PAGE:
Cold weather had a much smaller impact (-0.4% nationwide) except in the coldest climate zone, where 3.6% of deaths could be linked to cold temperatures.
No more than 540 million years ago there was a huge boom in the diversity of animals on Earth. The first larger animals evolved in what is today known as the Cambrian explosion. In the time that followed, the animals evolved and grew larger, but concurrently with the evolution of the animals, the oxygen level in the atmosphere dropped and this temporarily slowed the radiation. However, subsequent oxygenation and growth of algae added energy to the food chain and got the explosion of life going.
WASHINGTON, D.C., September 10, 2019 -- If you've ever looked closely at a 3D sand or sediment dune within a river or coastal area, did you wonder how it formed?
After noticing how the construction of dams significantly alter the hydrodynamics of natural rivers and the resulting downstream riverbed evolution, a group of researchers at Tsinghua University in China decided to apply numerical simulations to help determine what's at play in the relationship of sediment motion and flow conditions. They report their findings in Physics of Fluids, from AIP Publishing.
Among our two closest phylogenetic relatives, chimpanzees remain by far the more thoroughly-studied and widely-recognized species, known for their high levels of cooperation especially among males, which includes sharing food, supporting each other in aggressive conflicts and defending their territories against other communities.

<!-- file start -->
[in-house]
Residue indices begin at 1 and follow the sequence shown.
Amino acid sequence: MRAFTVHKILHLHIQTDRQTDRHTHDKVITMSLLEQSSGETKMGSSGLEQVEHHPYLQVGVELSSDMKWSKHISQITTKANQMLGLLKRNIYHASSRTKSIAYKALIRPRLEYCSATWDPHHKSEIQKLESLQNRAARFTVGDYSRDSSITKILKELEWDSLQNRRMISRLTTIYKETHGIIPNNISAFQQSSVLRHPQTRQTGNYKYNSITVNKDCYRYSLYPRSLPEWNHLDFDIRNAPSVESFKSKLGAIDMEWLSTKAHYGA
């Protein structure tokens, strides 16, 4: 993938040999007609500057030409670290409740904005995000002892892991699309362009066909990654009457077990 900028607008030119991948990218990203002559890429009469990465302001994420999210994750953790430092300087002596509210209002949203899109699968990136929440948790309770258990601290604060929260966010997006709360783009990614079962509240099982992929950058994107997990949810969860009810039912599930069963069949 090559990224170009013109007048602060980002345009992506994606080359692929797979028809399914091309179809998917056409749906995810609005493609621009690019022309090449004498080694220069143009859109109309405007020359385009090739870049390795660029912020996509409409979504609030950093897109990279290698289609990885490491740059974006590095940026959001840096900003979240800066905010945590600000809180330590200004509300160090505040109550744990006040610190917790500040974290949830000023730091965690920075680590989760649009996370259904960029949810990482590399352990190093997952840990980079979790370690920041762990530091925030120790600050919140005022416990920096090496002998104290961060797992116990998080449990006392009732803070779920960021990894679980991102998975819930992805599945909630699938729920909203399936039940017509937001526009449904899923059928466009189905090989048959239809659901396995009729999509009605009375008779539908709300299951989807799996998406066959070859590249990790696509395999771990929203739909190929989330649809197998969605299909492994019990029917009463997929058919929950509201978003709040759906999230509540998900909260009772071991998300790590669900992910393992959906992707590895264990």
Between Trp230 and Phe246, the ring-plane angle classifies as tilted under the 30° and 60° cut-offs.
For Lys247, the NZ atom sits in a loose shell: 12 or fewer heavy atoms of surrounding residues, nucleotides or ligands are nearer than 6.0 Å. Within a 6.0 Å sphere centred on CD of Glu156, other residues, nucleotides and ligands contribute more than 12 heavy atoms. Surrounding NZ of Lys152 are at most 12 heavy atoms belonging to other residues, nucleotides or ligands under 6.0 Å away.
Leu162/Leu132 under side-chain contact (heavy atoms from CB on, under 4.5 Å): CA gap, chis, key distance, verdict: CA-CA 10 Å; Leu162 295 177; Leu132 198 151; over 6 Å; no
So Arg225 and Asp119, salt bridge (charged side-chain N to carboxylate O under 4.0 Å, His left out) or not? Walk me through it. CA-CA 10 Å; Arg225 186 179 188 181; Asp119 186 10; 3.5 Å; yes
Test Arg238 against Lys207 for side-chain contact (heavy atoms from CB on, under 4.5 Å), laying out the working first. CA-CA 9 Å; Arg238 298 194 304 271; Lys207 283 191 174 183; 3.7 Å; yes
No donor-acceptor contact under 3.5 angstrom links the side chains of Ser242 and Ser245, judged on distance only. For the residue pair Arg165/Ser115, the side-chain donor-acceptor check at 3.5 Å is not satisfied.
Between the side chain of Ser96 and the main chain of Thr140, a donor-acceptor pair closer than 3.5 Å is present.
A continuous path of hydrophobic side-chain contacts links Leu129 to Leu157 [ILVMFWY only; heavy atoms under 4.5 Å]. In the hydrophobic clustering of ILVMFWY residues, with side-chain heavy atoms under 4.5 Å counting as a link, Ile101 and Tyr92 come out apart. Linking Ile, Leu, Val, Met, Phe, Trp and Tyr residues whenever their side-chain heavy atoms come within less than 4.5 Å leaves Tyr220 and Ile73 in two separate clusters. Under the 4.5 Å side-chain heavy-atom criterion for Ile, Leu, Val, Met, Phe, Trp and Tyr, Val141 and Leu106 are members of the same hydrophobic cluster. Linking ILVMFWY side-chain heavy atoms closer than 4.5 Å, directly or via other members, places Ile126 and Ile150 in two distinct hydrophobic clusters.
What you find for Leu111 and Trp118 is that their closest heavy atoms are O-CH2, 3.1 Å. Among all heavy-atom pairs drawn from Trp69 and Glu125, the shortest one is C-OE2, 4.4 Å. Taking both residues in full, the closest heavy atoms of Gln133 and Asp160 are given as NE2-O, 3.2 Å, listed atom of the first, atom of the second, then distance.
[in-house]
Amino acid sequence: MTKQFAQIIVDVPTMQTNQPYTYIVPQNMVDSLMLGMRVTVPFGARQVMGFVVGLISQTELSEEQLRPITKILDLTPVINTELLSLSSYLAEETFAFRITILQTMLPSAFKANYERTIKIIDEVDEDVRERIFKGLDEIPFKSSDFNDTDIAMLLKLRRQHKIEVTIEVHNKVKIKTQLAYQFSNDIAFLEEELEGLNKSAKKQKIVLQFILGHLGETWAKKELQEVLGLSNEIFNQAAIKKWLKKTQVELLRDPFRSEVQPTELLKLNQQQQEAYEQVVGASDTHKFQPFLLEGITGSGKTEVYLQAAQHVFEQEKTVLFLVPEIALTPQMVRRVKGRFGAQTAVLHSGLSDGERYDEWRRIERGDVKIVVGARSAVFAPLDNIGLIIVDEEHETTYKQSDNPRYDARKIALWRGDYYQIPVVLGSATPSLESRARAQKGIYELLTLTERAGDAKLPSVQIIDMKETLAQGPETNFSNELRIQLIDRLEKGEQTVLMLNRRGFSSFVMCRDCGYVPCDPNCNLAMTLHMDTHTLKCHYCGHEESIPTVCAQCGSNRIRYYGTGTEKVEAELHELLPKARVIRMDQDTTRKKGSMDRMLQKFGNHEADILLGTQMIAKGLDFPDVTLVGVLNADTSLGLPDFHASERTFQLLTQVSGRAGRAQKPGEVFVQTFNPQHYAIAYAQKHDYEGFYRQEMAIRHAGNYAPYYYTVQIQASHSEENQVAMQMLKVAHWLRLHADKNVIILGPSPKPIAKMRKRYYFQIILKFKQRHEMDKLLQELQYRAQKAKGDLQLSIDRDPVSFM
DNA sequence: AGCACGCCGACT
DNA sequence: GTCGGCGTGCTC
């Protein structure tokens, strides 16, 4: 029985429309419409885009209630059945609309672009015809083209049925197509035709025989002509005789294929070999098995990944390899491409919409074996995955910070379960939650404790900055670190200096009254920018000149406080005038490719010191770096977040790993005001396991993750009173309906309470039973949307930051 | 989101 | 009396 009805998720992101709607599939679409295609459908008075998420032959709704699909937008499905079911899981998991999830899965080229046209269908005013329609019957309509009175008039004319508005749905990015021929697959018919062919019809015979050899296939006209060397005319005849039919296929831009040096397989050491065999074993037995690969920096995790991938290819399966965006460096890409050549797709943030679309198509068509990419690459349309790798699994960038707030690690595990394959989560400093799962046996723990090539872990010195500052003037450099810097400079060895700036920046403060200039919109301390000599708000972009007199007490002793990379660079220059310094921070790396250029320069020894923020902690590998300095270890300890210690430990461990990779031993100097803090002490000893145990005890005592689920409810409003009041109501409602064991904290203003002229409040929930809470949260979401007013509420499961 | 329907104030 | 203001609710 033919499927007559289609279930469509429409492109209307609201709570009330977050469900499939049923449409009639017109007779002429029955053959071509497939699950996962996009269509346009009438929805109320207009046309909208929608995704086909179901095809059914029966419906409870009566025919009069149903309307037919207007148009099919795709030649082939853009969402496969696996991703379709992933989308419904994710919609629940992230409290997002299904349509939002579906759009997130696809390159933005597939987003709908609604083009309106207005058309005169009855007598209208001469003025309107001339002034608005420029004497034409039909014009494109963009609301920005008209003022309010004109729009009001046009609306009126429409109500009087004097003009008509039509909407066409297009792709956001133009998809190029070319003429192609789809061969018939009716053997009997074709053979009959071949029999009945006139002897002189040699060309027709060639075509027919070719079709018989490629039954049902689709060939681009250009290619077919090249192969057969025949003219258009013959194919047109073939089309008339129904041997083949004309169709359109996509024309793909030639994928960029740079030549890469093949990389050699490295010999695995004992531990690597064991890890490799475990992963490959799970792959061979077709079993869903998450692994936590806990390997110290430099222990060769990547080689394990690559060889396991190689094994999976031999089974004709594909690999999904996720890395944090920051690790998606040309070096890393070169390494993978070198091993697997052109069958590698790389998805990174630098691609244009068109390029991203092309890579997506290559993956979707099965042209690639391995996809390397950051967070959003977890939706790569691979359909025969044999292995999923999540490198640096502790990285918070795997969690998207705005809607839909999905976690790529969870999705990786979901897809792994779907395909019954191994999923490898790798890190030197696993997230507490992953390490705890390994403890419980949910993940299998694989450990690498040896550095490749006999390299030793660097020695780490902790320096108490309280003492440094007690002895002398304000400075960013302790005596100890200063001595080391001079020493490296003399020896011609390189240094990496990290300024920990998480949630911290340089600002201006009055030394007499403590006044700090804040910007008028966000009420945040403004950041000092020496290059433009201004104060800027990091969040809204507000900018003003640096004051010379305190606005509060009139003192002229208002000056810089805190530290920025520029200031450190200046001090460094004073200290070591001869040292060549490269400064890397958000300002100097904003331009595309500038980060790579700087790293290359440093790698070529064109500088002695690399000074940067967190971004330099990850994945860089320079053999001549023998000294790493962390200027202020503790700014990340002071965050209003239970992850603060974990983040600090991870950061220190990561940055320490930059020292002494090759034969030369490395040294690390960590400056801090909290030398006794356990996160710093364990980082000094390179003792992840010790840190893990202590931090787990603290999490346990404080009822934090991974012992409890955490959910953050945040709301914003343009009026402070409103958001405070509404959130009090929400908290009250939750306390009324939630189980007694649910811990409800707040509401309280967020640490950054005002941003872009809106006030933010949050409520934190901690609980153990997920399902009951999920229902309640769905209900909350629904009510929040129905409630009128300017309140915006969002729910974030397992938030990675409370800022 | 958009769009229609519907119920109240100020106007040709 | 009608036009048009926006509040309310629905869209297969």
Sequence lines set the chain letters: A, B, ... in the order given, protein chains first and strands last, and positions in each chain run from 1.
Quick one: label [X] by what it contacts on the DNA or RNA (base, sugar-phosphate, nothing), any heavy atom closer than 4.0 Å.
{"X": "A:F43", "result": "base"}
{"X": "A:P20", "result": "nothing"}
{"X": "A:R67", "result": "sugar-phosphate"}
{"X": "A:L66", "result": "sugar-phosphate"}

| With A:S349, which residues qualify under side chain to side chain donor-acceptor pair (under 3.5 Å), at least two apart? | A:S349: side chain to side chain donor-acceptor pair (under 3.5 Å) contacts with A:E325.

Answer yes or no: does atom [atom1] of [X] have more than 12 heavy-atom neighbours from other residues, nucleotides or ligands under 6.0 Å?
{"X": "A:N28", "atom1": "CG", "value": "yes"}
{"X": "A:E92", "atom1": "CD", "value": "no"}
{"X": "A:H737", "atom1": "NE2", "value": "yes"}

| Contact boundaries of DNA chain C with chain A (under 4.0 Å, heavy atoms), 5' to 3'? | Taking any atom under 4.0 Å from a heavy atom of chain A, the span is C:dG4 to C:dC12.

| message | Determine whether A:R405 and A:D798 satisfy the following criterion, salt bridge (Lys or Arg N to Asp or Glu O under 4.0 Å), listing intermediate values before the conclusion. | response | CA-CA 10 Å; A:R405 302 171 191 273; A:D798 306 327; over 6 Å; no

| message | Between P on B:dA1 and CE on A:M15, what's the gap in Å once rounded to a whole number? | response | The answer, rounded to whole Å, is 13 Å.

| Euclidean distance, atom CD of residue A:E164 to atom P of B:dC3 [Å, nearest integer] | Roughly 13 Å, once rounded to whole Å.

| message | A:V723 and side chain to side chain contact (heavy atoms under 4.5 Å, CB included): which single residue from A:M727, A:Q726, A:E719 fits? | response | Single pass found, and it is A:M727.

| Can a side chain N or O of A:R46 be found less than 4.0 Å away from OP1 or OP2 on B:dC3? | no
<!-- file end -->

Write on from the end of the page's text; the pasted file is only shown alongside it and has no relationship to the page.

Next to CO2, methane is the greenhouse gas that contributes most to the man-made greenhouse effect. Of the methane sources caused by human activity, rice fields and cattle are among the most important. Furthermore, methane is released from swamp areas on land, melting permafrost as in the Arctic tundra, and from areas with oxygen depletion in the oceans.
We have a good understanding of the processes leading to the increasing CO2 content in the atmosphere, but this understanding is far more unclear when it comes to methane.
By area, tidal flats make up more than 50 percent of Willapa Bay in southwest Washington state, making this more than 142-square-mile estuary an ideal location for oyster farming. On some parts of these flats, oysters grow well, filling their shells with delicacies for discerning diners. But according to experienced oyster farmers, oysters raised in other parts of Willapa Bay don't yield as much meat.
The Atlantic Ocean's Gabrielle has made a second transition and the Global Precipitation Measurement mission or GPM core satellite provided information about the rate in which rain was falling within the now extra-tropical storm.
Gabrielle made its first transition to a post-tropical cyclone on Sept. 6 and regained tropical storm status later that same day. Now, the storm has become extra-tropical.
NASA's Aqua satellite passed over the Northwestern Pacific Ocean from its orbit in space and took an image that showed vertical wind shear was weakening Faxai and the storm had become extra-tropical.